Trainers concerned over impact of Turf Club’s new ‘non-trier’ rules

IRTA seeks meeting with chief Turf Club vet over issue of evidence

The body representing Ireland’s racehorse trainers says it has concerns about aspects of the Turf Club’s new “non-trier” regulations which came into force almost six weeks ago resulting in a surge in “running and riding” enquiries.

The Irish Racehorse Trainers Association spokesman Michael Grassick has pointed in particular to last month's unsuccessful appeal by the connections of Look Closer whose trainer Ellmarie Holden was fined €2,000, and the horse banned from racing for 42 days, after a race at Fairyhouse.

New veterinary evidence was presented at that appeal but was described by the Referrals Committee panel as "not relevant or helpful in the case".

The Jockeys Association has already expressed unease about possible implications for animal welfare on the back of the new "non-trier" regulations which require jockeys to be seen to make every effort to achieve a horse's best possible position.


"We have serious concerns, particularly with the Ellmarie Holden case where the Turf Club's own veterinary evidence, and independent veterinary evidence, was deemed to be irrelevant. We're talking here about the welfare of the horse, and the jockey. That's the main worry for trainers right now, the fact that veterinary evidence is irrelevant," said Grassick who added he is seeking a meeting with the Turf Club's chief veterinary officer, Dr Lynn Hillyer, over the matter.

The IRTA spokesman said he has been “surprised” by the increased number of running and riding enquires since the new regulations came into force at the end of January.

“I still think my original point about interpretation still stands. You can rewrite the rules but it still depends on who is looking at a case and the experience they have,” Grassick said.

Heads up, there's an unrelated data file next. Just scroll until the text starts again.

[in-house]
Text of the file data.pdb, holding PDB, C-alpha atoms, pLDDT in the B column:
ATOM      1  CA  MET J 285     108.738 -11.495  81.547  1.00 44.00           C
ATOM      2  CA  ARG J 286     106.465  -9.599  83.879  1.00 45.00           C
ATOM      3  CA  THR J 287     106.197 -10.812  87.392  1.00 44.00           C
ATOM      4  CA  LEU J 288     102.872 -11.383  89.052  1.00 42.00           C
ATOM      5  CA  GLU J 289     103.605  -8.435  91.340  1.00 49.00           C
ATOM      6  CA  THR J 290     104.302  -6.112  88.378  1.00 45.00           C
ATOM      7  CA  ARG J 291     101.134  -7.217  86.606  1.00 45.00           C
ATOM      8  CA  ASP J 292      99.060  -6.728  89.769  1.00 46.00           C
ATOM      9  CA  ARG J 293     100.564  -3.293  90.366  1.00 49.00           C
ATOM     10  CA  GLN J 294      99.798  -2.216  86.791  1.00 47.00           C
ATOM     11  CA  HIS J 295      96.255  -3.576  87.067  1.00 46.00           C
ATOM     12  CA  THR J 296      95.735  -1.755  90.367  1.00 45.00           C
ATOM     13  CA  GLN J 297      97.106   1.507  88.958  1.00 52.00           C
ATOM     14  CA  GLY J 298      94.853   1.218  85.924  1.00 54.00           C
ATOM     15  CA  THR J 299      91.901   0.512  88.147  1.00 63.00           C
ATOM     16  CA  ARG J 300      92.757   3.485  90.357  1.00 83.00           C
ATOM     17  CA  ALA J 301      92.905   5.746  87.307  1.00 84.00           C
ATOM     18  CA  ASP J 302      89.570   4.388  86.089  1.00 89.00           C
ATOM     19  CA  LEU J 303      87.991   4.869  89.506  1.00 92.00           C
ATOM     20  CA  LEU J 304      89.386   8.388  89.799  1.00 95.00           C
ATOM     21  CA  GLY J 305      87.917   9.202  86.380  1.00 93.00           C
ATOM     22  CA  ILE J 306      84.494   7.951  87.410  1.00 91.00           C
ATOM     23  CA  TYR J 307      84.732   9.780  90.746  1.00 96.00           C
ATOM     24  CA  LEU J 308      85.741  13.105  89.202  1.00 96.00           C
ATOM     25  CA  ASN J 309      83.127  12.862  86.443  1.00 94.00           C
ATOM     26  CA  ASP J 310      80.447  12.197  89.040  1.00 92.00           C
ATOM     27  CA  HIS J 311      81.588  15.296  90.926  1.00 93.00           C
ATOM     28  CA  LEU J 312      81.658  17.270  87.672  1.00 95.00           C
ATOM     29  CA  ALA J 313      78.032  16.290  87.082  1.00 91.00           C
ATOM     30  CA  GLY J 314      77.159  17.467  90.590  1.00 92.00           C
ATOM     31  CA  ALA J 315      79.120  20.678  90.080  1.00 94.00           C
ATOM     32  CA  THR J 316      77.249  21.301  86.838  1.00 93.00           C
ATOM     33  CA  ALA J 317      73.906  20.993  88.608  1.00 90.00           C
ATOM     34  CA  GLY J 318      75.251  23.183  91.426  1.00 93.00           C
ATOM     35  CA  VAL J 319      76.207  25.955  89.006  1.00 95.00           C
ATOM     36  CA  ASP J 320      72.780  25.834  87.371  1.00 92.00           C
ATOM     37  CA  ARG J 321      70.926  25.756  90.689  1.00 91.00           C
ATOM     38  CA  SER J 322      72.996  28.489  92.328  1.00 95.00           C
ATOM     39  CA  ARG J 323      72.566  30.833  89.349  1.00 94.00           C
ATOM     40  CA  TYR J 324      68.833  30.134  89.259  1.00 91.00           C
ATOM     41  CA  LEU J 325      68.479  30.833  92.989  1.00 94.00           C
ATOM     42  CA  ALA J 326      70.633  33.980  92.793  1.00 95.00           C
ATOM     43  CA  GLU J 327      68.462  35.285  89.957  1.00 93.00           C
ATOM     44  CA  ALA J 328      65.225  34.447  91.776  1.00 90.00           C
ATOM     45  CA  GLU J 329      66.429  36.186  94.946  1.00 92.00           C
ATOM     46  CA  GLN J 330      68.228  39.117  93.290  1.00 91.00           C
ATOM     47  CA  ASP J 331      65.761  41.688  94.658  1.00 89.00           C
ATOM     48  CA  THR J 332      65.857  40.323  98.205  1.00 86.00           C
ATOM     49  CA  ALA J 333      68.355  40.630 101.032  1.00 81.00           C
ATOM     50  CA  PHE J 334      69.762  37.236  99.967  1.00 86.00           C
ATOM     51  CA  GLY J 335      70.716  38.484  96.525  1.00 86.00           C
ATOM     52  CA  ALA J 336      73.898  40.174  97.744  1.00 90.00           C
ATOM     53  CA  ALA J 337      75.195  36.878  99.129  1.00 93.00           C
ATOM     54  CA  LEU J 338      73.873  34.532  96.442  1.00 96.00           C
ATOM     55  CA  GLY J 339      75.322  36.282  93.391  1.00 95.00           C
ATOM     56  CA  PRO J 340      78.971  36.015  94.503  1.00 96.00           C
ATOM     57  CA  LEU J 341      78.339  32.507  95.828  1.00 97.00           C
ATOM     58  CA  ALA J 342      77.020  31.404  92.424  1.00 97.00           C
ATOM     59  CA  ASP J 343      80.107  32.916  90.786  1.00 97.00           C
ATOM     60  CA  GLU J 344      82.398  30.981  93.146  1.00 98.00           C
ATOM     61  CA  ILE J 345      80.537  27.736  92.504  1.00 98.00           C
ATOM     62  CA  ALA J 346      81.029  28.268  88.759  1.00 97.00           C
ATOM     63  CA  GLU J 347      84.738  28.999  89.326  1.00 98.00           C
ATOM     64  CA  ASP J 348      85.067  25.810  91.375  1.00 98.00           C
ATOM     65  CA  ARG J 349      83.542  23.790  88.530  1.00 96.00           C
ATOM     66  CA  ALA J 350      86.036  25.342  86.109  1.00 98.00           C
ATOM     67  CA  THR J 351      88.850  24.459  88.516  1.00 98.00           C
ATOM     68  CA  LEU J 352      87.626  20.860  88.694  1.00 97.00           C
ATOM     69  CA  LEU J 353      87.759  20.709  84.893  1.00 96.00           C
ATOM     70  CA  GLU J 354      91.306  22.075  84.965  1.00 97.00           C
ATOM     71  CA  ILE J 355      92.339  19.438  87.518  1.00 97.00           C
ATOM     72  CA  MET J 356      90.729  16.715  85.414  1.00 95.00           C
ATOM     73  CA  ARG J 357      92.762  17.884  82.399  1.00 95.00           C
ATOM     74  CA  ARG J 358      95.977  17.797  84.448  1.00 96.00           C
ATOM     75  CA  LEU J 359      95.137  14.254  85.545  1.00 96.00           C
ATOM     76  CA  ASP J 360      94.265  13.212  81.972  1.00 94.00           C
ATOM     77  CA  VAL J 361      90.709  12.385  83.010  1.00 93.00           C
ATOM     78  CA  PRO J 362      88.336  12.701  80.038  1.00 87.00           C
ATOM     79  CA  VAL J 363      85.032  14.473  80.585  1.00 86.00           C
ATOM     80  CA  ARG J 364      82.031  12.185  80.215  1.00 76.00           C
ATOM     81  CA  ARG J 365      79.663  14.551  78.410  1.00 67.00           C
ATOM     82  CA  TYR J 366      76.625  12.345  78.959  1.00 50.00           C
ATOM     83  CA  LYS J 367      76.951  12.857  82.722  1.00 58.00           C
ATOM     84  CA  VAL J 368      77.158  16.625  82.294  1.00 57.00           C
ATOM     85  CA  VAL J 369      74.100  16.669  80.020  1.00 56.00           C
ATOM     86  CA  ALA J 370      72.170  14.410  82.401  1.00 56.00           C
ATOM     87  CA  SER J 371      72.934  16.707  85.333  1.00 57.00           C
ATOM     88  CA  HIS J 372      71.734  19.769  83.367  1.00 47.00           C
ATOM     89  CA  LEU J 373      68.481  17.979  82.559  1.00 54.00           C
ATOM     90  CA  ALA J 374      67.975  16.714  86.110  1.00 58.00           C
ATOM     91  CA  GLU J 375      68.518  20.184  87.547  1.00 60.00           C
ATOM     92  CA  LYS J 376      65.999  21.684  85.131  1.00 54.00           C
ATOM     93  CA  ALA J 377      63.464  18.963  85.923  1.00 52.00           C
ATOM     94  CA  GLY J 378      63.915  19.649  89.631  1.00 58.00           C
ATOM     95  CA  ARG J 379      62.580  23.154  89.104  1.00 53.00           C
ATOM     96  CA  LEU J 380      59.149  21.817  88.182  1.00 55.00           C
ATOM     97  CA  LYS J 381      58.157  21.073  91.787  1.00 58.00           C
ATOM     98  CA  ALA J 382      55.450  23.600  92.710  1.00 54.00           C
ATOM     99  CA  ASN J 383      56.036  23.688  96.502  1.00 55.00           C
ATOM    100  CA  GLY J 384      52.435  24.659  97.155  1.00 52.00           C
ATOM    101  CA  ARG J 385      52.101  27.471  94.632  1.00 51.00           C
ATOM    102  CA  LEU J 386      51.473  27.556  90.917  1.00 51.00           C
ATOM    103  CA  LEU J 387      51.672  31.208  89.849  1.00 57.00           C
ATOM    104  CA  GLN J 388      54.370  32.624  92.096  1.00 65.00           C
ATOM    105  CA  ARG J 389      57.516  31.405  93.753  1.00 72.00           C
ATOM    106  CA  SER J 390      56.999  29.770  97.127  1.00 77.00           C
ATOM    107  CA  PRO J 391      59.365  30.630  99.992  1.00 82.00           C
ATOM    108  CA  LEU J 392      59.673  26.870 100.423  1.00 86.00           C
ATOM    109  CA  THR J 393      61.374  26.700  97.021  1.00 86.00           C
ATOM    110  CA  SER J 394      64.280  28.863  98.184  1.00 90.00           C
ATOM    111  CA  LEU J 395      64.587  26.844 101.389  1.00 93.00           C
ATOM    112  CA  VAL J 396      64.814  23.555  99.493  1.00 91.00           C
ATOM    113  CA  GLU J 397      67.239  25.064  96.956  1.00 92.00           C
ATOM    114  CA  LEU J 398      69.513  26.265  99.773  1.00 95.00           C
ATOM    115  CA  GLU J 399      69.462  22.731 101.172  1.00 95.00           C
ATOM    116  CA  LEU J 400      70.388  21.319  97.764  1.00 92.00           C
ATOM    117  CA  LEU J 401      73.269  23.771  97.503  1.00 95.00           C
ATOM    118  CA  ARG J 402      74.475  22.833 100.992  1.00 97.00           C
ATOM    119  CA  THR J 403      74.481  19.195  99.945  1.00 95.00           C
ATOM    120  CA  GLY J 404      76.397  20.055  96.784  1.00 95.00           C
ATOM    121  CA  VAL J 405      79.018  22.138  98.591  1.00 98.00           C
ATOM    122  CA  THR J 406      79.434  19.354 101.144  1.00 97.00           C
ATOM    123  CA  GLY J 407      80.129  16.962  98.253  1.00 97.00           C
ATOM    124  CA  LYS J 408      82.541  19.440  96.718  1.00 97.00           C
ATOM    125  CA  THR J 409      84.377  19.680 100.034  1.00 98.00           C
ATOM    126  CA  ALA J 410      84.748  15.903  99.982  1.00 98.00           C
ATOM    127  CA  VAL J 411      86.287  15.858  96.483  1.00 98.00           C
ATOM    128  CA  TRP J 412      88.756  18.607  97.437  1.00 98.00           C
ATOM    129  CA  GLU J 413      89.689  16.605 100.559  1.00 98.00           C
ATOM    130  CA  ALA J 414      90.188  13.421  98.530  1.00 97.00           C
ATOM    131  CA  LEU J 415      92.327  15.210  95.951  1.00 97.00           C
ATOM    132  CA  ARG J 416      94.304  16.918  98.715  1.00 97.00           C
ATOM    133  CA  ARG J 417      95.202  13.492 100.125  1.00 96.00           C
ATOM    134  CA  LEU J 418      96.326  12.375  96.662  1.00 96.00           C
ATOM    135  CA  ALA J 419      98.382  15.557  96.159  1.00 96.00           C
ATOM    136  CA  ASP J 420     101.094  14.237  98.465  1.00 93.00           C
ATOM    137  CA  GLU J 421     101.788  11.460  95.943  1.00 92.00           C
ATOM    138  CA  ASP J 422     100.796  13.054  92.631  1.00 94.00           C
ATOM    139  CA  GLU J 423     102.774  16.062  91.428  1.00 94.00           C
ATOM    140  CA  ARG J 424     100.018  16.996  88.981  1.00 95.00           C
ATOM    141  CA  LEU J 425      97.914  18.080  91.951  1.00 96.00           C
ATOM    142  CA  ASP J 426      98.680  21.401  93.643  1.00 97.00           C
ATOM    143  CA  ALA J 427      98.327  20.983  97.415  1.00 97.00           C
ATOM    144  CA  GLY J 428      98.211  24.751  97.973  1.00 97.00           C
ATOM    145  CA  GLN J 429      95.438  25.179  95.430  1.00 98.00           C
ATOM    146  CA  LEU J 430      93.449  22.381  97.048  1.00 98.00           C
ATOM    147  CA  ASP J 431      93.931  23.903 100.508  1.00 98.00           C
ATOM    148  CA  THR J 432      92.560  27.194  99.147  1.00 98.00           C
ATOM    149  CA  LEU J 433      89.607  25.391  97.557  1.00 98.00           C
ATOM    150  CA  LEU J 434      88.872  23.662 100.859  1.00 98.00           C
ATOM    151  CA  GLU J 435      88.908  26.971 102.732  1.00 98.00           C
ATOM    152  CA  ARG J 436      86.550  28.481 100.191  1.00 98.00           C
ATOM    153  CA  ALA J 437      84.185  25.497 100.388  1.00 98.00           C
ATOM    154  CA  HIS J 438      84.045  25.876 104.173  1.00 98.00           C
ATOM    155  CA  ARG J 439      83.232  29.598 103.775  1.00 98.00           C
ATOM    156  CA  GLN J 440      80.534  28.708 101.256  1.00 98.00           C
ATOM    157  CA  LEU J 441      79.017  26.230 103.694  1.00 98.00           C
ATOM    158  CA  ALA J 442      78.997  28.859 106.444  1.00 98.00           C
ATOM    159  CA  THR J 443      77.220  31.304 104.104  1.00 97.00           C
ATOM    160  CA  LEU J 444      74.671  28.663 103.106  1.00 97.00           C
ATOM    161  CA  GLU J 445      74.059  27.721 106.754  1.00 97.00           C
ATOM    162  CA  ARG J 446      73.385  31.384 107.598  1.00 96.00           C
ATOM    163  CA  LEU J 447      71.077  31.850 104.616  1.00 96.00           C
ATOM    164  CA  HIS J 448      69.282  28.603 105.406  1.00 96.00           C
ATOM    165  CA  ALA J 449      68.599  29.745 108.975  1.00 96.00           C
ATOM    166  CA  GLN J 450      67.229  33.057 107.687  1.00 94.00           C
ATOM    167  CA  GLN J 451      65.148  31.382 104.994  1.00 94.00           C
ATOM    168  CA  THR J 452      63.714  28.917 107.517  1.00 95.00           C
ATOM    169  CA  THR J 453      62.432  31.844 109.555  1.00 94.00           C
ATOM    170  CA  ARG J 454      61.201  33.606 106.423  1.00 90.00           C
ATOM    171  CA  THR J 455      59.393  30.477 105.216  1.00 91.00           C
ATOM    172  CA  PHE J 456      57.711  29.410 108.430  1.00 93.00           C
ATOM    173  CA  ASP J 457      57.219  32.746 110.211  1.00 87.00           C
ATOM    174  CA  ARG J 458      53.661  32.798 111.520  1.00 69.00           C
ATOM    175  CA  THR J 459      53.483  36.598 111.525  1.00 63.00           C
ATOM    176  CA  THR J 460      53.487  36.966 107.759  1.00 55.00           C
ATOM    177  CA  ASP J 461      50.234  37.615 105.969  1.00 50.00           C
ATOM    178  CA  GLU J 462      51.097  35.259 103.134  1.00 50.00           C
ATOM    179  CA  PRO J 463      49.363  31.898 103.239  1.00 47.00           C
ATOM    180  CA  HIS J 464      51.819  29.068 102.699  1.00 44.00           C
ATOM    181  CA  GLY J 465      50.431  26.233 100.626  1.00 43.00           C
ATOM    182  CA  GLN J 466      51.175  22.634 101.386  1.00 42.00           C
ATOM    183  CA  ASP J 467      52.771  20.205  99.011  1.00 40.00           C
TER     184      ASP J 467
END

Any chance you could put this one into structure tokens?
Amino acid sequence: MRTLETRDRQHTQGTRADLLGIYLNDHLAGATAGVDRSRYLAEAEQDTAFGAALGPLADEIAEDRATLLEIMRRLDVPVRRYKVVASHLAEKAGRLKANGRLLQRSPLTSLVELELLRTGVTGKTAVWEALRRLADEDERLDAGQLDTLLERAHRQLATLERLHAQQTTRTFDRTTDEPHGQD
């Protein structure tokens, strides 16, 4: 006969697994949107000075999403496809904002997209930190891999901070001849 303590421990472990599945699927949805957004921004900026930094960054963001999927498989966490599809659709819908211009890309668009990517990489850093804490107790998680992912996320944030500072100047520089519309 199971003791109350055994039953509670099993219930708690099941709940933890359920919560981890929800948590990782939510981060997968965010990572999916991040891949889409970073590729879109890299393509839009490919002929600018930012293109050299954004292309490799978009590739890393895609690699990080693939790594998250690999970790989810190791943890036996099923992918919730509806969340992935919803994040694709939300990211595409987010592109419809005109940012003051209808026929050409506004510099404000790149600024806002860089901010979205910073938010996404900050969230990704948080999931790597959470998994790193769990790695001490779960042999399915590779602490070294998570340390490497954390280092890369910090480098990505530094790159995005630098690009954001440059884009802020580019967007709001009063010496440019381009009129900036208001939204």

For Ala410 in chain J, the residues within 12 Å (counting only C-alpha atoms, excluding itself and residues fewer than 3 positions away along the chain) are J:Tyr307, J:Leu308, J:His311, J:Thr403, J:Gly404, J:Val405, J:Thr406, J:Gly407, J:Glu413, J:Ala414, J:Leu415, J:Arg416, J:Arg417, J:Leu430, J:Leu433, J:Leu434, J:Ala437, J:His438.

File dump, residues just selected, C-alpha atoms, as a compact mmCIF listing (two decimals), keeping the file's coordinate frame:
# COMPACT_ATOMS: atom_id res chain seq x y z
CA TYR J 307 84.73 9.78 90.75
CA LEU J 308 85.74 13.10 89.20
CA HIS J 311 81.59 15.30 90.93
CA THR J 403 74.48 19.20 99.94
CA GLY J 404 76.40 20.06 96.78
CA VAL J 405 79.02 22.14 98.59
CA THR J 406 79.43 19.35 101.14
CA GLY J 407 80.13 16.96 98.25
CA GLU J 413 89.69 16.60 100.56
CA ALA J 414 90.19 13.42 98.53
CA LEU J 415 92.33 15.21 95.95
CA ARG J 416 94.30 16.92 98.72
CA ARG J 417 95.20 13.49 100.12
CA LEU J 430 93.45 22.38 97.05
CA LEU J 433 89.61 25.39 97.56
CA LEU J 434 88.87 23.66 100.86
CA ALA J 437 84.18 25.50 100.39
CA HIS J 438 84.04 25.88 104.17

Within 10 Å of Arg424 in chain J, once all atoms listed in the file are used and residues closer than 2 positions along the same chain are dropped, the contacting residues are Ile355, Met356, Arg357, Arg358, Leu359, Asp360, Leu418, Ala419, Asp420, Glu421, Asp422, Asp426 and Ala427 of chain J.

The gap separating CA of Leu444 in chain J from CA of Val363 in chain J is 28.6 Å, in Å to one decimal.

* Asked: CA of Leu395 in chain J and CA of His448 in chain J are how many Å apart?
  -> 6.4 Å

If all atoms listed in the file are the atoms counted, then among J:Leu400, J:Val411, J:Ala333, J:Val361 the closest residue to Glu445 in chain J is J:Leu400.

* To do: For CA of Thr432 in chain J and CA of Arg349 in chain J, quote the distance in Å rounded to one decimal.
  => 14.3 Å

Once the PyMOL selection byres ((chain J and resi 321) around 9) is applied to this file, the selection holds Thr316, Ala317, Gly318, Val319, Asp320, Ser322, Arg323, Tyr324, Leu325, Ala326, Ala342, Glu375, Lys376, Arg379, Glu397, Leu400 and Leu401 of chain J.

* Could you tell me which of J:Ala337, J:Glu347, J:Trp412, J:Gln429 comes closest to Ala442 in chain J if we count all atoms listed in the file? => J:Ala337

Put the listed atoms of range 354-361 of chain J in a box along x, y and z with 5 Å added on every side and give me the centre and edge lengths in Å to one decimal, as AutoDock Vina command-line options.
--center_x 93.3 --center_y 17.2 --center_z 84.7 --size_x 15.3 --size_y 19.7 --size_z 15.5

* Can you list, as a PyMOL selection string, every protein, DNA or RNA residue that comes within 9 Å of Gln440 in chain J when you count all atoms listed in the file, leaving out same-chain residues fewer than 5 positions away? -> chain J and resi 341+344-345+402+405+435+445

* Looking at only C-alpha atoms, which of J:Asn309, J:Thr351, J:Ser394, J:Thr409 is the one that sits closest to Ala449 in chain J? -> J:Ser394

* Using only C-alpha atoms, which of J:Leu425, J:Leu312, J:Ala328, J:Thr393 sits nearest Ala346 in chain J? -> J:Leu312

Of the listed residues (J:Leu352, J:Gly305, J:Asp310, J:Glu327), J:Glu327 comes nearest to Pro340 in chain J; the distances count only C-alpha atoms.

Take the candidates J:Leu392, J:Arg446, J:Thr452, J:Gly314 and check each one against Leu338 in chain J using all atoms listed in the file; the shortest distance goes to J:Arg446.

The most high-profile “‘non-trier” case came at Dundalk last week when the Johnny Murtagh-trained Tobacco Bay was banned for 42 days under Rule 212 and jockey

Seamus Heffernan

banned for five days. Murtagh was fined €2,000.

Gordon Elliott is set to break new ground in Irish jump racing this weekend by passing through 1,000 runners in a season and can enjoy a productive Saturday at Navan with the short-priced pair of Icario and Kings Bandit.

The season’s leading trainer will have just a couple of runners at Leopardstown on Sunday where Skerries based Karl Thornton could secure a lucrative double over fences with Bearly Legal and Paper Lantern.

Ruby Walsh rides in the first two races and his decision to opt for Bonbon Au Miel in the opening conditions, and his booking for Kaiser Black in the following maiden, both look significant.

Identity Thief, still a 16-1 for Cheltenham’s Arkle, will hope to get his season back on track in Sunday’s novice chase.

Brian O'Connor

Brian O'Connor

Brian O'Connor is the racing correspondent of The Irish Times. He also writes the Tipping Point column